Dumbbell Lat Exercises at Home

Dumbbell Lat Exercises at Home

Home training gets a bad rap as people claim it’s not versatile or effective.

Fortunately, that isn’t the case because you can do various effective exercises even if you only have one to two pairs of dumbbells available.

To that end, let’s review four of the most effective dumbbell lat exercises at home.

4 Effective Dumbbell Lat Exercises at Home

1. Bent-Over Row

The bent-over row is an excellent exercise that targets the lats and develops the lower back and abdominals. These muscles engage to provide torso stability.

How to:

  1. Grab a pair of dumbbells and stand tall.
  2. Hinge at the hips to lean your torso forward while keeping your back straight.
  3. Take a deep breath and pull both dumbbells up and to the sides of your torso, squeezing your upper back at the top.
  4. Slowly lower the weights as you extend your arms and exhale.

2. Single-Arm Row

Single-arm rows are great for training one side at a time and placing more tension on your lat muscles.

How to:

  1. Grab a dumbbell, lean forward, and place your free hand flat on top of a sturdy object, such as a table or chair.
  2. Stagger your stance for stability, retract your shoulder blades, and take a breath.
  3. Pull the dumbbell toward your ribcage, squeezing your lats at the top.
  4. Slowly extend your arm as you exhale.
  5. Once finished training one side, grab the weight with your opposite hand and do the same number of reps.

3. Renegade Row

These are highly functional and great for building core strength and whole-body stability while developing your lats.

How to:

  1. Grab a pair of dumbbells, preferably hexagonal.
  2. Get down on all fours with the dumbbells parallel to one another and roughly shoulder-width apart.
  3. Grab the dumbbells and straighten your legs, supporting your lower body on your toes.
  4. Bring your shoulder blades back, engage your abs, and squeeze your glutes.
  5. Tilt slightly to the left, inhale, and pull the dumbbell in your right hand.
  6. Lower the weight as you exhale.
  7. Do as many reps as possible, tilt your body to the right, and perform the same number of reps for your left side.
Renegade Row

4. Kroc Row

Kroc rows are similar to single-arm rows, with the primary difference being that you maintain a more upright torso, which could help you target the lower lats slightly more.

How to:

  1. Grab a dumbbell with your right hand.
  2. Place your left hand on top of a tall, sturdy object like a kitchen counter.
  3. Retract your shoulder blades, stagger your stance, take a deep breath, and engage your abs.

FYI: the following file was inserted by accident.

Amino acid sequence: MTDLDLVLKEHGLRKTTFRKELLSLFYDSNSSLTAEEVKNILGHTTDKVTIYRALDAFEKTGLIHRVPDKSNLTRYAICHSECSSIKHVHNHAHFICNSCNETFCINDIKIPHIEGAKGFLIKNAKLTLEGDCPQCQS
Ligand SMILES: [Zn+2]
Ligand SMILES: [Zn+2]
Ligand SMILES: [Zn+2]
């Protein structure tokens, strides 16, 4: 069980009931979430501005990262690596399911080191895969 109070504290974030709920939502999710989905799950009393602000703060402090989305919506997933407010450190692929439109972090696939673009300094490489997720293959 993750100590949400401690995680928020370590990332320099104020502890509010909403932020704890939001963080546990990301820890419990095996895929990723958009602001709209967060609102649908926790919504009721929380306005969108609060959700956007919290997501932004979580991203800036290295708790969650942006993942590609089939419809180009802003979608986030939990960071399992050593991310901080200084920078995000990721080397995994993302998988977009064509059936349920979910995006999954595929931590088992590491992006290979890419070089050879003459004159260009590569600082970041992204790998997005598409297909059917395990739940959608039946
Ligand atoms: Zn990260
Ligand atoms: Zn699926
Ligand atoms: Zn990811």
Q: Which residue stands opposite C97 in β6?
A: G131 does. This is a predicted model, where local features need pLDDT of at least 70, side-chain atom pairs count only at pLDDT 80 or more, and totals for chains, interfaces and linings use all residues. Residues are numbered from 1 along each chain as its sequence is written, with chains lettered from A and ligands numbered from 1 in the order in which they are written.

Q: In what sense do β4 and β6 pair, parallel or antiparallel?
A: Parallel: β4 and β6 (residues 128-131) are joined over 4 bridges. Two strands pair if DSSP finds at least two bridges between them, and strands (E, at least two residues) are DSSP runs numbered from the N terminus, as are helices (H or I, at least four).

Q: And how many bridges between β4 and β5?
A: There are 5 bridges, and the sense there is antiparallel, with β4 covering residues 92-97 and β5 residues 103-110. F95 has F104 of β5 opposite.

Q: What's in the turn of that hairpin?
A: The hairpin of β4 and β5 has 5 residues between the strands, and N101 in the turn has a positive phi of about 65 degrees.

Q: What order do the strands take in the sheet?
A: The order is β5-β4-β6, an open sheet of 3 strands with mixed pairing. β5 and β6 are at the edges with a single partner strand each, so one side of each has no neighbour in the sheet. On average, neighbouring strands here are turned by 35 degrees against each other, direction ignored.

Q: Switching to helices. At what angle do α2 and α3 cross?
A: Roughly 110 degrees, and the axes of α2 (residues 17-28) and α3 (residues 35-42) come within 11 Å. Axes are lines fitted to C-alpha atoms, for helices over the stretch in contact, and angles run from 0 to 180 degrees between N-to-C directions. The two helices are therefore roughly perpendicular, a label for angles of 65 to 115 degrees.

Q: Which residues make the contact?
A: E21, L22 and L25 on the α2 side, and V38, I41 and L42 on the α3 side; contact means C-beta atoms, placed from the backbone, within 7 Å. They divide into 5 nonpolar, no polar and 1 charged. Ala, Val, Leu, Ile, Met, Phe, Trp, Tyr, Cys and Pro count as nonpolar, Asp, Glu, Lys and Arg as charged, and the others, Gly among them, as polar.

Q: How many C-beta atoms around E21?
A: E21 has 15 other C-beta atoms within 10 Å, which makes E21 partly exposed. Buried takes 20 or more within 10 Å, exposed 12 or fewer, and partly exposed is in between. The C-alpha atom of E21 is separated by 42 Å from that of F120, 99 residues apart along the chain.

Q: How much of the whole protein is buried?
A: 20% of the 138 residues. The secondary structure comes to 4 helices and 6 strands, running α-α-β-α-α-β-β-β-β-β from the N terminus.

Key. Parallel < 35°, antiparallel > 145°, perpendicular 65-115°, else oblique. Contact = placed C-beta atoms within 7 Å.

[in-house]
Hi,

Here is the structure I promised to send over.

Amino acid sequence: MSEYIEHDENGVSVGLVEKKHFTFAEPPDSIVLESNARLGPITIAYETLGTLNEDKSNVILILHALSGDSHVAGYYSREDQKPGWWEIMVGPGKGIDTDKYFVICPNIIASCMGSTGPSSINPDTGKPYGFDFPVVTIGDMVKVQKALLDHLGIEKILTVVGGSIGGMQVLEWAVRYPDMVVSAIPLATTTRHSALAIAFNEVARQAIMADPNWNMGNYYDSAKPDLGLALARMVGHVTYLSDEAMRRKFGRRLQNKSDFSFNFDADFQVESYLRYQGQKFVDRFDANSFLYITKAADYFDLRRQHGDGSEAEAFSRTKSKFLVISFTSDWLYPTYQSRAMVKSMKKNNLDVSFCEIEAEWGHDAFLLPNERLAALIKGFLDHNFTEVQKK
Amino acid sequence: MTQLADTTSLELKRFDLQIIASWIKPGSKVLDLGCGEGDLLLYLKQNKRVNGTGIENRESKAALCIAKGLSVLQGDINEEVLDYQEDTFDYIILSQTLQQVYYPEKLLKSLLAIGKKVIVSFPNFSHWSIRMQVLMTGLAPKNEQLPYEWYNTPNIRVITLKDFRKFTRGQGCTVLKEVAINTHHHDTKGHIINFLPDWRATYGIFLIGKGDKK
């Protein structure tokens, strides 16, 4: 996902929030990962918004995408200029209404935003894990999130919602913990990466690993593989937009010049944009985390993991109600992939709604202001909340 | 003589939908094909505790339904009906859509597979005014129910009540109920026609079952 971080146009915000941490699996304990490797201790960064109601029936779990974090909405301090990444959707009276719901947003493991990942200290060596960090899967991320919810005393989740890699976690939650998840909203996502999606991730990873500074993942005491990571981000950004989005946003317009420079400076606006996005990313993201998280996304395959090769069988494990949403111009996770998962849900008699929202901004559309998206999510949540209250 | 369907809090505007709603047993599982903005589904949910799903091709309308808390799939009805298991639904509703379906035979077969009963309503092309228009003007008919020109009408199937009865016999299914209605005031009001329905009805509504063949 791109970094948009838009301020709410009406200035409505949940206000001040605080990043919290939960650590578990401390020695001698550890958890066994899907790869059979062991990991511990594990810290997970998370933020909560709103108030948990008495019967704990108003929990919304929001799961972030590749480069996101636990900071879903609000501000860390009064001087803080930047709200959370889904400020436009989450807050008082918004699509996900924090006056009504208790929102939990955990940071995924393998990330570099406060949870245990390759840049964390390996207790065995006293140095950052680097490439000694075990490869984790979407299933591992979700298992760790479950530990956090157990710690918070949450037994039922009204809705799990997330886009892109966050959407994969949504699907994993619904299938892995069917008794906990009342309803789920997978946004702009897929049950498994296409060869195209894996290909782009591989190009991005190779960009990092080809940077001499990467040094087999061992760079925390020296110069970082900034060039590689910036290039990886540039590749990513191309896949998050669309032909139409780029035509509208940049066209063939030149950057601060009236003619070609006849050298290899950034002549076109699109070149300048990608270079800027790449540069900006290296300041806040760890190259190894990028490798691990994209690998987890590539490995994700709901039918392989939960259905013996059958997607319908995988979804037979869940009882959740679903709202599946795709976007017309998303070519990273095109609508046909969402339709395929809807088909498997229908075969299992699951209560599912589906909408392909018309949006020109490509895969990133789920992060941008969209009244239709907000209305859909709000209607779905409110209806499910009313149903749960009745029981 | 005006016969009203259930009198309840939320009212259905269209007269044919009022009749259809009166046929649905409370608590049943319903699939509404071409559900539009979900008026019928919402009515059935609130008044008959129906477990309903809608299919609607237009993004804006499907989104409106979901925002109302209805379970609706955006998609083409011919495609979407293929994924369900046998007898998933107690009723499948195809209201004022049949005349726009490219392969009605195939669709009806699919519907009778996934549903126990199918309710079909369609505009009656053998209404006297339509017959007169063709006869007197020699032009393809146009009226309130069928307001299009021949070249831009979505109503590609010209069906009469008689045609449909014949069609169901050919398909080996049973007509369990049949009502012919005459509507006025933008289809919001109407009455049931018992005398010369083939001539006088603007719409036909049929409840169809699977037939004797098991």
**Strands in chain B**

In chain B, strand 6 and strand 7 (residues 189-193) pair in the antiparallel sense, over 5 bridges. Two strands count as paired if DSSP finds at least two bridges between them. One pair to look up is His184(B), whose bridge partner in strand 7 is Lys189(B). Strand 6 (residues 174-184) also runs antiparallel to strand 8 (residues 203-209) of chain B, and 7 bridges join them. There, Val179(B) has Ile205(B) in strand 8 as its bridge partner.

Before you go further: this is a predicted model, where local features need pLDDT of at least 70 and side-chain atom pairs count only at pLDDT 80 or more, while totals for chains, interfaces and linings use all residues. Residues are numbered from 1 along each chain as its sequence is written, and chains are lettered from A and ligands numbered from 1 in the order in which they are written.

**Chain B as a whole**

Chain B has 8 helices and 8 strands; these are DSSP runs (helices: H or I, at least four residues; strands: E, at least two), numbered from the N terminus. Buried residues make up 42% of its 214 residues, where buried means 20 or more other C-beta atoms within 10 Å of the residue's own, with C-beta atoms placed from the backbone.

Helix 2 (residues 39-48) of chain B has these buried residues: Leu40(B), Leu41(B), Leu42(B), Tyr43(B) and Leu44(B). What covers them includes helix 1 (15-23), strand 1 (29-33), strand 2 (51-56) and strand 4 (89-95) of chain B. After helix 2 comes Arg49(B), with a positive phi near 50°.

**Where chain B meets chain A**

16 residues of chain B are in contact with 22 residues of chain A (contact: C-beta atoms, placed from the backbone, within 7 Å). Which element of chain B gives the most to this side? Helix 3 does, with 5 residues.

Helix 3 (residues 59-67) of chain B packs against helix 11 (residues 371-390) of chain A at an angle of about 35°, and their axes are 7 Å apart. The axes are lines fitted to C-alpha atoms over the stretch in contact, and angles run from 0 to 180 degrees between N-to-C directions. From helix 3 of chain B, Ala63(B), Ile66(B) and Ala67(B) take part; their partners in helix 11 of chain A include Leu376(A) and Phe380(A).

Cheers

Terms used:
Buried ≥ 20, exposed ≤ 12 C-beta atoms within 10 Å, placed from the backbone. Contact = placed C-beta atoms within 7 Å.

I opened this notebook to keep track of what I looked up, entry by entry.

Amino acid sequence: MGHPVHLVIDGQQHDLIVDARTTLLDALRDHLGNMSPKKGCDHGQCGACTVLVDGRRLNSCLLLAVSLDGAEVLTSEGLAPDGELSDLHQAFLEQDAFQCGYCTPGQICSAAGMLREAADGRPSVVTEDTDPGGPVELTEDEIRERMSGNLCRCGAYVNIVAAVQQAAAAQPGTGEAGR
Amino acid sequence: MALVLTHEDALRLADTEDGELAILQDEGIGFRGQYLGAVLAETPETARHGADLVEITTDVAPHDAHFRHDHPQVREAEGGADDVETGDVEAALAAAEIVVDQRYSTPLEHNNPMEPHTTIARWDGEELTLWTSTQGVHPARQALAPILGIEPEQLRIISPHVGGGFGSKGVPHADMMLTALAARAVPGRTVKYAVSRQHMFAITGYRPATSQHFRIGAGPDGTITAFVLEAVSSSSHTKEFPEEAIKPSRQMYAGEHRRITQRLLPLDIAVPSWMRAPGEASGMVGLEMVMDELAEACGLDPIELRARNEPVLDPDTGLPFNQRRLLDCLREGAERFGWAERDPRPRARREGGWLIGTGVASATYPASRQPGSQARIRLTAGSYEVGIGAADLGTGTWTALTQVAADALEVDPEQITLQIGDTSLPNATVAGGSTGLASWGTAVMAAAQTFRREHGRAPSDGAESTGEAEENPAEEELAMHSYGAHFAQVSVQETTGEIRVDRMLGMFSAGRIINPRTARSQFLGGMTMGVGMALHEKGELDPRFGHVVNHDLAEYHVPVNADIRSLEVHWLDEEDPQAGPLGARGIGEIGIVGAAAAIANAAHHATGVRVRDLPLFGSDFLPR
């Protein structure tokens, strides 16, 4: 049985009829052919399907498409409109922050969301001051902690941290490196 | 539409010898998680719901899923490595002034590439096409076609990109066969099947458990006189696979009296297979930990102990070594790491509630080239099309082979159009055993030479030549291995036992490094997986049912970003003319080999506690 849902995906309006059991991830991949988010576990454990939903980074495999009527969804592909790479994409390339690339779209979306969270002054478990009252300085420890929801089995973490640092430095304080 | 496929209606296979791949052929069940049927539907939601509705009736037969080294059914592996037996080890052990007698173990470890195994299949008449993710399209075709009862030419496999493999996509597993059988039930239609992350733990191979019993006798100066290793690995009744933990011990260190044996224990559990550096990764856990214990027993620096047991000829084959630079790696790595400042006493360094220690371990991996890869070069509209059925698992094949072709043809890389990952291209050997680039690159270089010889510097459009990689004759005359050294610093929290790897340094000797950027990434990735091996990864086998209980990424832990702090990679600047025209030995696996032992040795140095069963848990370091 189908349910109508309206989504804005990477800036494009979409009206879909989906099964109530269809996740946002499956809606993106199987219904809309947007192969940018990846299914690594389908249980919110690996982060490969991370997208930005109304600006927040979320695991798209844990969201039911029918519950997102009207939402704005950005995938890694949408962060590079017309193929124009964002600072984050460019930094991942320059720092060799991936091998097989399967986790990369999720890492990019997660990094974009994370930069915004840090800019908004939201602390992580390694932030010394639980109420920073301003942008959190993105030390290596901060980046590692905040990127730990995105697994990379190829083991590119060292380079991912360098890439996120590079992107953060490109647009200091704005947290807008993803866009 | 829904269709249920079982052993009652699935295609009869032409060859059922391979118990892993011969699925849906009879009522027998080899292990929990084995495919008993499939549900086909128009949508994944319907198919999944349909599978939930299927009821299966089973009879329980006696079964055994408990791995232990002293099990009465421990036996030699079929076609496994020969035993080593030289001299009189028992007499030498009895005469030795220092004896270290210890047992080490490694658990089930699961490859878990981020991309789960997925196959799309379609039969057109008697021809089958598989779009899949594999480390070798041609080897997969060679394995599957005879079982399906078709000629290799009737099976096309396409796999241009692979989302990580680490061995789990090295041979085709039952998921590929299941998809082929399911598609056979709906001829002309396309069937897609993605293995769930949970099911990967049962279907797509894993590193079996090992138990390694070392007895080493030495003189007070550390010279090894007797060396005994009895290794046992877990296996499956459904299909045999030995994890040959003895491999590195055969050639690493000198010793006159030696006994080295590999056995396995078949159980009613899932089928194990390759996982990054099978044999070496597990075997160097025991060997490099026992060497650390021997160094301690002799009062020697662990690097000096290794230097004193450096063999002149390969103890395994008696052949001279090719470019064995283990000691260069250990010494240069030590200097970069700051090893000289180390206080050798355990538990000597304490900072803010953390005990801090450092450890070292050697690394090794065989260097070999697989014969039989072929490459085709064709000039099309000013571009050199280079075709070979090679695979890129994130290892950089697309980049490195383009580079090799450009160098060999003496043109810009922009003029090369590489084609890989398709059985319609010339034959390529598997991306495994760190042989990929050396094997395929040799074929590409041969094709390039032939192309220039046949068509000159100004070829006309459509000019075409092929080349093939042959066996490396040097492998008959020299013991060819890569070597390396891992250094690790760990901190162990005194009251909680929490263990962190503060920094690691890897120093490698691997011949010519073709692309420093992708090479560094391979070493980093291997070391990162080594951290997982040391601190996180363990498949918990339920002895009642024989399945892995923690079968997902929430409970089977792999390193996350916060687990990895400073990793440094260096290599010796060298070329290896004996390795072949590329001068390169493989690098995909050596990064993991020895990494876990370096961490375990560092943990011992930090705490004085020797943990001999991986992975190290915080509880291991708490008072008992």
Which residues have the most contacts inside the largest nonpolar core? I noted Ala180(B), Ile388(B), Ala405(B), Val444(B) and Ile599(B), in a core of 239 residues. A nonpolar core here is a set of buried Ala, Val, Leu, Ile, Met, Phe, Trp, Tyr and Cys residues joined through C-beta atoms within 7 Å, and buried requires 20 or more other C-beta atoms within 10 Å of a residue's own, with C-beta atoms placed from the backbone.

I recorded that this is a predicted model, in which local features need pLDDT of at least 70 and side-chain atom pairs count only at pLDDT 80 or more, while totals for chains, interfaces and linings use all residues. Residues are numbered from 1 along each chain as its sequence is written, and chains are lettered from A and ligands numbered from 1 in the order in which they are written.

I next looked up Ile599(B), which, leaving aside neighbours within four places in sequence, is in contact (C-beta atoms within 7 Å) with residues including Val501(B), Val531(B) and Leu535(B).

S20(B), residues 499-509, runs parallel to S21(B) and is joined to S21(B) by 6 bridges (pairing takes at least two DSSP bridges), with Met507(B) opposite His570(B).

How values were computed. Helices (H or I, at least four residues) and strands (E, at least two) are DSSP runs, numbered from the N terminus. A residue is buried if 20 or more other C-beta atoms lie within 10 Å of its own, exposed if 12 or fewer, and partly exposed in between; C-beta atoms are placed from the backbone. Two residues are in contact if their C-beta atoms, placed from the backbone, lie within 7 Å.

4. Pull the dumbbell up in one fluid motion.
  5. Slowly lower the weight to the starting position and exhale.
  6. Once finished training one side, grab the weight with your left hand and perform the same number of reps.

What Dumbbells You Will Need

It’s best to have a pair of lighter and heavier dumbbells. For example, if you’re a beginner, that would mean a pair of 10-lb and two heavier ones: 20 to 25 lbs. A pair of adjustable dumbbells might be best.

You can also look into a home pull-up bar. Having one would allow you to do fun and effective back exercises that build width, thickness, and strength: pull-ups, chin-ups, dead hangs, scapular pull-ups, etc. (1)

What Are The Lats, And Why Are They Important?

The lats are large surface muscles that cover a significant portion of the back. They are the biggest muscles in the upper body and play an essential role in numerous upper-body motions.

Developing the lats is necessary to increase your back’s width and achieve the desired V-taper.

Safety And Final Considerations

Before doing any of these dumbbell lat exercises at home, take your time to warm up through: (2)

  • A combination of some low-intensity cardio (jumping jacks, high knees, jogging in place, etc.)
  • Dynamic stretching (arm and leg swings, elbow rotations, torso twists, etc.)
  • Warm-up sets, where you lift a lighter weight for a few reps.

Additionally, always use dumbbells you can control with proper form and through a full range of motion. Avoid jerking movements or swinging your body because doing so can put you at risk of injury. (3)

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Philip Stefanov

Philip Stefanov

Philip is a fitness writer, blogger, certified personal trainer, and the founder of ThinkingLifter.com. He has spent the last seven years writing fitness content and training men and women in the gym, as well as online. His passion is fitness and exercise, and helping others improve their fitness and wellness.


  1. Chertoff, J. (2019, May 23). Dead hang: Benefits, how to, for pullup, variations, and more. Healthline.
  2. Elizabeth Quinn, M. S. (2020, March 13). Prevent injuries. Verywell Fit.
  3. McGowan, S. (2022, August 26). What is the risk of using dumbbells? Woman.

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